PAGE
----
Stephen Strasburg of the Nationals is going to be shut down this season. Before the end of the regular season, and well before the playoffs begin. After having Tommy John surgery in 2010, he pitched 24 innings at the tail-end of last season. Soon, he is to be exiled to the dugout, with somewhere between 160 and 180 innings pitched.
Nolan Ryan and the Texas Rangers give their starters the ball and expect them to go deep into games, only giving it up when it’s ripped from their hands. That’s old school. New school is all about pitch count, and now about innings pitched.
In actuality, there is no true study out there regarding major leaguers and pitch counts and innings pitched that is definitive regarding injury. At youth league levels, there are studies that appear conclusive: over-use leads to injury. But not so with the big boys.
Arm injuries can be hard to predict — unless you just want to throw out the blanket statement that at some time during one’s career, a pitcher will probably at least end up on the disabled list.
And there’s a pretty good chance of some sort of surgery. As of today’s updates, there are 56 pitchers on the DL in the American League and 60 disabled in the National League. The only injury that I know for certain isn’t pitching related is Mariano Rivera, who underwent knee surgery for a misstep in the outfield during batting practice. Matt Harrison of the Rangers has been out with a virus. The other pitchers had a variety of problems, ranging from backs, hips, elbows and shoulders to the forearm.
Organizations are always concerned with the health of their pitchers. But with no true baseline to make decisions on, they rely on their medical staffs and the general knowledge of their coaching staffs and management.
With Strasburg, the emphasis is on innings pitched. Others will put their faith into pitch counts.
- Ultimately, common sense might be the best rule of thumb until science can get a hold on arm injuries. Aside from innings and pitches, how about the “rough” innings that a pitcher works? You know, the innings where he can’t finish things off, and ends up with 29 pitches to secure three outs?
- How many “rough” innings does a pitcher throw per game? Does he look tired? When a pitcher is missing high and on his arm side, he’s probably past his daily expiration date.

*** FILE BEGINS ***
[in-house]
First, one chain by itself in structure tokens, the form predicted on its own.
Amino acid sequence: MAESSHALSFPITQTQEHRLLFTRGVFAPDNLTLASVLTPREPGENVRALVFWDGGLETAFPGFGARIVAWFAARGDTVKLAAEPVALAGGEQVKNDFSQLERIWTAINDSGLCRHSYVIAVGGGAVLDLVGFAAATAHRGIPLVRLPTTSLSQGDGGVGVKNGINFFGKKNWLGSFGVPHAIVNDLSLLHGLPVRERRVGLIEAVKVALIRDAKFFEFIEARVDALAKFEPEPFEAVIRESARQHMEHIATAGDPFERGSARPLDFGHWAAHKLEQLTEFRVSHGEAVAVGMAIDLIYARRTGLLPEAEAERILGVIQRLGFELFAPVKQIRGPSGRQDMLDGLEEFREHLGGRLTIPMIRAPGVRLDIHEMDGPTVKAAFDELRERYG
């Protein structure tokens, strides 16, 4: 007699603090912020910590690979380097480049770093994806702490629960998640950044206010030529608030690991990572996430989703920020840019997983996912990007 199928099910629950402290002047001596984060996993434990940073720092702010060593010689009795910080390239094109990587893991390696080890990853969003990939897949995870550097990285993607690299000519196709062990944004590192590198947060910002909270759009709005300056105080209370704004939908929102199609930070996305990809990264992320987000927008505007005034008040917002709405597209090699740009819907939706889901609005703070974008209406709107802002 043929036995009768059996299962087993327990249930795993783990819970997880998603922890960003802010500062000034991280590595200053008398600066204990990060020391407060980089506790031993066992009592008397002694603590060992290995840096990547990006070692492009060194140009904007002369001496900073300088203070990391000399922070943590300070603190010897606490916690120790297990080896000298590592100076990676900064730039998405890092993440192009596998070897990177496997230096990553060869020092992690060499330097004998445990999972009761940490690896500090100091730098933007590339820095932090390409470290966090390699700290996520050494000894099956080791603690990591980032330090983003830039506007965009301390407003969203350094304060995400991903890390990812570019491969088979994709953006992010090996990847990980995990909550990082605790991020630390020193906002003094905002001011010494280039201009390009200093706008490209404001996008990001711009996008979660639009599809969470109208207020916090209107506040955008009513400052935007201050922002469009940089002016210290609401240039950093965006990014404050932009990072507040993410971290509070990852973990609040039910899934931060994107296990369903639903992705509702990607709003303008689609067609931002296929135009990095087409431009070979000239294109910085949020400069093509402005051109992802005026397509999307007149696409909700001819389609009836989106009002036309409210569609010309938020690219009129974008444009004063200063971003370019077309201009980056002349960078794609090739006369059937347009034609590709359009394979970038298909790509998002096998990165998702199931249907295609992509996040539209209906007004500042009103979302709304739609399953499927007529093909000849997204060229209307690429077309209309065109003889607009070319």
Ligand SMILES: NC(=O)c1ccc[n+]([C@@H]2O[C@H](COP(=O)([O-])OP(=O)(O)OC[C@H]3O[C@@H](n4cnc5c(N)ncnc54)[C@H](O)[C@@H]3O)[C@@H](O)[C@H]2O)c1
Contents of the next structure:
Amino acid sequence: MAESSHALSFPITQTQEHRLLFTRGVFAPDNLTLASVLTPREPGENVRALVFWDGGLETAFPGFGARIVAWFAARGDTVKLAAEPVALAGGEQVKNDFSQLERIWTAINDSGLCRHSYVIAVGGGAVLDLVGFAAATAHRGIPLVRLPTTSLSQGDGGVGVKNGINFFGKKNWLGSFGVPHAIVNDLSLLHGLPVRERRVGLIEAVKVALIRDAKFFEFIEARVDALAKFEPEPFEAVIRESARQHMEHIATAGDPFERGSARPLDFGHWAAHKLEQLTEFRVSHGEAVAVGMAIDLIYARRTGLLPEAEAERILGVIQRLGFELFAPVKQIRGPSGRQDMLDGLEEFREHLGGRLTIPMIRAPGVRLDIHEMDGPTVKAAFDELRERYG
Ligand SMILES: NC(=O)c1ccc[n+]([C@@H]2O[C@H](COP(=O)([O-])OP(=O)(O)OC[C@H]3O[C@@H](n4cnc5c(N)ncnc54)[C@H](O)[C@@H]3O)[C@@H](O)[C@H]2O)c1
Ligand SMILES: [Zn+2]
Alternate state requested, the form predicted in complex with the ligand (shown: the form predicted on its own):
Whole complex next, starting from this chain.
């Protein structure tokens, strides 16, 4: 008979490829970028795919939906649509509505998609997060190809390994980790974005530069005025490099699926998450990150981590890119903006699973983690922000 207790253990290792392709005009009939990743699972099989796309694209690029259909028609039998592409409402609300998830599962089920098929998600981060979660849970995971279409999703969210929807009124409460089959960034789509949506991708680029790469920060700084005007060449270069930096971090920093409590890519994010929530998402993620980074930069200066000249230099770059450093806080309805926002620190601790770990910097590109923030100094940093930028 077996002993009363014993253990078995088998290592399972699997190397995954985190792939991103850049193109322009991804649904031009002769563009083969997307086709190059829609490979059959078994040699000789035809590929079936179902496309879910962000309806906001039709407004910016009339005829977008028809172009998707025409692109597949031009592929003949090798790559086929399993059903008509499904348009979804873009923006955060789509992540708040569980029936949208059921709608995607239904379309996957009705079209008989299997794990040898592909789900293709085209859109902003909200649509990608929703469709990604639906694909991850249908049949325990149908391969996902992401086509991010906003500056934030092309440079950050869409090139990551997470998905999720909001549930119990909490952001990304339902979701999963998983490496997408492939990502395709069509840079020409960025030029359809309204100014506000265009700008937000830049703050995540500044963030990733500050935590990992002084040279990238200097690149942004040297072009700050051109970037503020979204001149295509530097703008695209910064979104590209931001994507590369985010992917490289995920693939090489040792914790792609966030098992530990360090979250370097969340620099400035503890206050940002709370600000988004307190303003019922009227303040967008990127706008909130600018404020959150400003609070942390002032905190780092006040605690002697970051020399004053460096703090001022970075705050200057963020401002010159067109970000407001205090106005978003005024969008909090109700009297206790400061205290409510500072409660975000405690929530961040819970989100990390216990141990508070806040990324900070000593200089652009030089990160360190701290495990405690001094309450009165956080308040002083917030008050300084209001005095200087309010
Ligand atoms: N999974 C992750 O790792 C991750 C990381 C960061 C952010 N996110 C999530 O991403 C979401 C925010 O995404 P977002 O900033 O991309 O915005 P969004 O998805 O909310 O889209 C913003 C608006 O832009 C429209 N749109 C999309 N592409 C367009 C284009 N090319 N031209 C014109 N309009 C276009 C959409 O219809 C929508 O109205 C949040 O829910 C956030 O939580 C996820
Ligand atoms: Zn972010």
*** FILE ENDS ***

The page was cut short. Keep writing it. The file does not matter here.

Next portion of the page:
- Mechanics in general: when the motion falls apart, trouble is on the way. Control disappears and the pitcher tries to compensate unnaturally, and then there’s stiffness, soreness, or injury.
- A severe drop in velocity indicates something is wrong, and it might simply be that he’s tired and needs a day off or to skip a turn in the rotation.
In the end, the best thing a club can do is take the health of its staff seriously, and all of them do. Maybe the next best thing is to play it safe when there is no sure solution out there.
All I know is, the Nationals are stuck between a rock and a hard place. There is no guarantee Strasburg will be re-injured by throwing more than 180 innings. There is also no guarantee that he won’t blow his elbow out or injure his shoulder if he does go more than 180 innings.
Will Washington throw away an opportunity to win the World Series? Or are they making the best decision possible about a young arm with Hall of Fame talent? I can’t sit here and judge them for their decision. But it sure is making for good baseball talk, both on the radio and the television.
Have a baseball question you would like a coach’s opinion on? Leave it in the comments or send it via Twitter to @Aerys_MLB or @WayneTyson11.
Our coach is Wayne Tyson, who was a high school and community college baseball coach for 26 years including six years at Florida Air Academy. His FAA team won the Florida Class 3A State Championship in 1998 and was runner-up in 1999, when the team included freshman Prince Fielder. Wayne currently writes for Cowbell Clankers, the Aerys Sports home of the Tampa Bay Rays.